Home » travel » City of Bones

City of Bones

The Palace (Left) and the Temple of the Inscriptions at Palenque

One of the most beautiful Maya archeological sites is Palenque in the State of Chiapas. It sits at the edge of the jungle and just before the foothills of the Sierra Madre. My brother Dan and I spent several days there in December 1979. I would give anything to go again.

The name Palenque means “Palisade,” which was given by the Spanish, who saw the ruins as a fortress. By the time the Spanish conquered Mexico, the site had been uninhabited for over eight hundred years. It was around AD 800 that many of the major Maya ceremonial centers were abandoned due to various factors. These included drought, changes in religion and form of government, and other reasons.

Maya Glyphs from Palenque

According to Maya glyphs that have been recently interpreted by scholars, the Maya name for Palenque is actually translated as “City of Bones.” As the great Mexican archeologist Alberto Ruz Lhuillier discovered, the Temple of the Inscriptions was the tomb of a powerful ruler named Kʼinich Janaab Pakal. In 1979, Dan and I were able not only to climb the pyramid, but snake our way through the tunnel that contained the site of Pakal’s burial chamber.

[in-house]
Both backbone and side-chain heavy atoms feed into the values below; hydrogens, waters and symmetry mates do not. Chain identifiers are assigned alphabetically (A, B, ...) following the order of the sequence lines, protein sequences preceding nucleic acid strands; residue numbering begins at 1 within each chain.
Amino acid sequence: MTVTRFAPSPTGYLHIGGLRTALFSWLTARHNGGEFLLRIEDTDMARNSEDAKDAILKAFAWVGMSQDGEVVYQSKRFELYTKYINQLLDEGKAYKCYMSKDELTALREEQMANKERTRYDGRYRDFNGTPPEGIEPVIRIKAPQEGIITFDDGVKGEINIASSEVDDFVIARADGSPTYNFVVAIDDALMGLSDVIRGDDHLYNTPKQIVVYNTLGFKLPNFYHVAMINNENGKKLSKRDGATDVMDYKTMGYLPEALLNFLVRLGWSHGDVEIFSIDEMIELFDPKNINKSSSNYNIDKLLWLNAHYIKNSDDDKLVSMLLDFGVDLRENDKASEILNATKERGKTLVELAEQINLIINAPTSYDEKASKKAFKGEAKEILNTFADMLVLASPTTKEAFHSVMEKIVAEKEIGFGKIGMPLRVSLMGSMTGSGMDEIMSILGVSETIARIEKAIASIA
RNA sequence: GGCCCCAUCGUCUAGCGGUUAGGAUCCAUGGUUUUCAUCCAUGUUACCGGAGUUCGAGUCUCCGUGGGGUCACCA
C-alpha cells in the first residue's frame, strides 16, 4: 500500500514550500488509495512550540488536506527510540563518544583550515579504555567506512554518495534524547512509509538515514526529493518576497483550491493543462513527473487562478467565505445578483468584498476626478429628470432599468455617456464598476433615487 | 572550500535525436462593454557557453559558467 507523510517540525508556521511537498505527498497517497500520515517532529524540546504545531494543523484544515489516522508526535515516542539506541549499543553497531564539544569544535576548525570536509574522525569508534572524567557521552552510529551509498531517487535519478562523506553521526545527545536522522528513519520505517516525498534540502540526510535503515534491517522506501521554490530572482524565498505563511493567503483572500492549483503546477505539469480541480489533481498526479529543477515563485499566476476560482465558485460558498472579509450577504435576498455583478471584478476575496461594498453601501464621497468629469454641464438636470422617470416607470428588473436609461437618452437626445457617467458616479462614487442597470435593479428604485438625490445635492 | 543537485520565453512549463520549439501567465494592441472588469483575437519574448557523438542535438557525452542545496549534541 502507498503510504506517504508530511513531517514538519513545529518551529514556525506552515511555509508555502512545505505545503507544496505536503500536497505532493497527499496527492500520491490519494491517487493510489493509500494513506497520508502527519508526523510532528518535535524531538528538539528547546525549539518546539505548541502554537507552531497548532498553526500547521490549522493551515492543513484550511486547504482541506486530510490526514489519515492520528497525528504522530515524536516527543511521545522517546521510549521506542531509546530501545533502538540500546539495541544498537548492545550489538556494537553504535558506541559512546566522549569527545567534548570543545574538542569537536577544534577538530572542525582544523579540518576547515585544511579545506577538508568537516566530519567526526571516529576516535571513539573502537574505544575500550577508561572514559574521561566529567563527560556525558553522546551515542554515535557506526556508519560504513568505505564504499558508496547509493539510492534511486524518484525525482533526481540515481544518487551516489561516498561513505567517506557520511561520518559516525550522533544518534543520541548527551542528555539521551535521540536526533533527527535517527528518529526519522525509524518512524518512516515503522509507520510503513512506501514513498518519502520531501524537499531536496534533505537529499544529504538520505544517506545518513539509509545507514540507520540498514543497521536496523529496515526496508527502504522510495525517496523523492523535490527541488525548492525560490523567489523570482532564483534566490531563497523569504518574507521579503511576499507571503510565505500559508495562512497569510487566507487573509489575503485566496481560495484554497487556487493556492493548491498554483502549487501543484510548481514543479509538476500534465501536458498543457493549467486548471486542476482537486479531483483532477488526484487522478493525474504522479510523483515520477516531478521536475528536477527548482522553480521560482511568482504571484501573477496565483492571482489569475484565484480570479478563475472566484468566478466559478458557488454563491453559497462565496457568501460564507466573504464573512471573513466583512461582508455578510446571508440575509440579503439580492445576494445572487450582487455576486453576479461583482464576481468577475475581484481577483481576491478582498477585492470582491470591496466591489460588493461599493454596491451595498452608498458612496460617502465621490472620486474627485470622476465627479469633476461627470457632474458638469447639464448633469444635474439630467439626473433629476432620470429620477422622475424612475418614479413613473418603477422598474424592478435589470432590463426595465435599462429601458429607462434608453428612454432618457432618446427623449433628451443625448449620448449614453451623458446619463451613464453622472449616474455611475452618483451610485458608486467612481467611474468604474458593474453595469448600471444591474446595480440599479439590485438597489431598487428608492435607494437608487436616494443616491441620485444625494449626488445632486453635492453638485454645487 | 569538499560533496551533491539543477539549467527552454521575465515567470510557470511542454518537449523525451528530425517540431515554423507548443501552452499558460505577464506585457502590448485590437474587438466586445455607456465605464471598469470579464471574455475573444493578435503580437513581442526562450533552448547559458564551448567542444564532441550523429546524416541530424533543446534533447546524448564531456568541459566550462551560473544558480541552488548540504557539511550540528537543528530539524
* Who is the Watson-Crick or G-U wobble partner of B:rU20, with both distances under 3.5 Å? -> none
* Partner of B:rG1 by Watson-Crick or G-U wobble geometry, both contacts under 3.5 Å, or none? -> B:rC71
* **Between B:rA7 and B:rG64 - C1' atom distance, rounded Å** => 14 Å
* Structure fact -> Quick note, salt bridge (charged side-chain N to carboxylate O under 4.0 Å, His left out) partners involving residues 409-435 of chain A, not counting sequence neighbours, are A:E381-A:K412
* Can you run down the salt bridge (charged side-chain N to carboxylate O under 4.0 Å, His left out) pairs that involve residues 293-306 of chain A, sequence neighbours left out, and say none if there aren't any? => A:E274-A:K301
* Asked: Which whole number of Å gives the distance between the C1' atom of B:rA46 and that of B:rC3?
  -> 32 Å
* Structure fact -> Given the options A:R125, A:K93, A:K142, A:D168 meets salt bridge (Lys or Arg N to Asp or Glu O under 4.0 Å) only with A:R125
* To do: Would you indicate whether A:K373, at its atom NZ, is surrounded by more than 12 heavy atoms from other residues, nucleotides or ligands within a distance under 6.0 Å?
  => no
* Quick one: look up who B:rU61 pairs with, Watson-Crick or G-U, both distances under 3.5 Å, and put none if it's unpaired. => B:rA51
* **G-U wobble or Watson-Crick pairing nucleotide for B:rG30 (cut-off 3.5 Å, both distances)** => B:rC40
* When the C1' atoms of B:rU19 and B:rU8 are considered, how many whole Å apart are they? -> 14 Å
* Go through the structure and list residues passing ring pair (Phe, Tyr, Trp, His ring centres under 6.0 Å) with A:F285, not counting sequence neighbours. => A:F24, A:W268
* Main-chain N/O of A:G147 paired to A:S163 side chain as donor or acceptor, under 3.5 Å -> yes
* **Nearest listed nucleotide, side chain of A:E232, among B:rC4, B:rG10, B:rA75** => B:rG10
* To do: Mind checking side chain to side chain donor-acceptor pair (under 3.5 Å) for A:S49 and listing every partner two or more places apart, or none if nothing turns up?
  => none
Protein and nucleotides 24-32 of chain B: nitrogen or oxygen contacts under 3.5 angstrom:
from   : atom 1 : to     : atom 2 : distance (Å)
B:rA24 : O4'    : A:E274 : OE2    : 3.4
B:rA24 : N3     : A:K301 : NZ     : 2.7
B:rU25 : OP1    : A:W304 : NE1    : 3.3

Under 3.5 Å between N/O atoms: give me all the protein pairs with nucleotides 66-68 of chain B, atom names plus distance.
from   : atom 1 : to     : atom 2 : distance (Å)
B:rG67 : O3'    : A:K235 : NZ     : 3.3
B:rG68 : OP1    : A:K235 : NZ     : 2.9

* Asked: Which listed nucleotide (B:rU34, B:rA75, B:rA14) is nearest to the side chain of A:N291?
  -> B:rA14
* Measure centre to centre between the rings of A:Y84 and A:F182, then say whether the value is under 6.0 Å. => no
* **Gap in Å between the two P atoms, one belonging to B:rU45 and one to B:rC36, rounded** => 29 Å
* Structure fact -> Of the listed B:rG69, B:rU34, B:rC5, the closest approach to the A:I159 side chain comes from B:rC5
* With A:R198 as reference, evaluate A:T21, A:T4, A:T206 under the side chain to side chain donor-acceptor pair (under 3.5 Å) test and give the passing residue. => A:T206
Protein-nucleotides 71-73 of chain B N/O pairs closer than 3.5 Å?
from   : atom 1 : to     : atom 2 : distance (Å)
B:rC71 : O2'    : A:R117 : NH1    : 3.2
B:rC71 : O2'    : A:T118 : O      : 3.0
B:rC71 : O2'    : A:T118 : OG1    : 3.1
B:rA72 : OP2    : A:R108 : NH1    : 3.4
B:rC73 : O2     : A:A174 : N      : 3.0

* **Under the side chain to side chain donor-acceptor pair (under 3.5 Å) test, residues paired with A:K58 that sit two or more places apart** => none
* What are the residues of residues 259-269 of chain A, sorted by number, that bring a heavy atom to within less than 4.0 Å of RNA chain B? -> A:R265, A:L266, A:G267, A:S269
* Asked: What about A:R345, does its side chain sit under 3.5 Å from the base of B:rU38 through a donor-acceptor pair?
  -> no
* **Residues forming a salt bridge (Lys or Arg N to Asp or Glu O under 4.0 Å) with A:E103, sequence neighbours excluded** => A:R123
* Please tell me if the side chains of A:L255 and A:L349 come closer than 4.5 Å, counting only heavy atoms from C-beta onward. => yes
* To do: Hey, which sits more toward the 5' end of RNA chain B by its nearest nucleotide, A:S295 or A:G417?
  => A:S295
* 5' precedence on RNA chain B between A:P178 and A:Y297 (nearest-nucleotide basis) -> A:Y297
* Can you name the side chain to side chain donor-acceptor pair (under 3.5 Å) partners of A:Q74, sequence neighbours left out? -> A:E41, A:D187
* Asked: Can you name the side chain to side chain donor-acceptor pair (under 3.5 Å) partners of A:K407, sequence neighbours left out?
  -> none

The ruins could only be described as beautiful. Only Uxmal in Yucatán could be described as its equal for siting and architecture.

Ruins in the Mist at Palenque

I was surprised that my brother seemed to enjoy Palenque as much as I did. It turns out that the region where the ruins are located is a famous coffee-growing region. So Dan, who is a major coffeeholic, found himself drinking endless cups of the stuff.

We were in town around the Christmas season, where we had the opportunity of seeing the posadas whenever we had dinner in the nearby town of Palenque. At one point, we were having dinner when a shoeshine boy came in and began circulating among the diners. When he approached Dan, my brother quietly slipped off his sandals and proffered a large foot clothed in a fuzzy red wool sock. The whole restaurant erupted in laughter.

Leave a Reply

Please log in using one of these methods to post your comment:

WordPress.com Logo

You are commenting using your WordPress.com account. Log Out /  Change )

Google photo

You are commenting using your Google account. Log Out /  Change )

Twitter picture

You are commenting using your Twitter account. Log Out /  Change )

Facebook photo

You are commenting using your Facebook account. Log Out /  Change )

Connecting to %s

This site uses Akismet to reduce spam. Learn how your comment data is processed.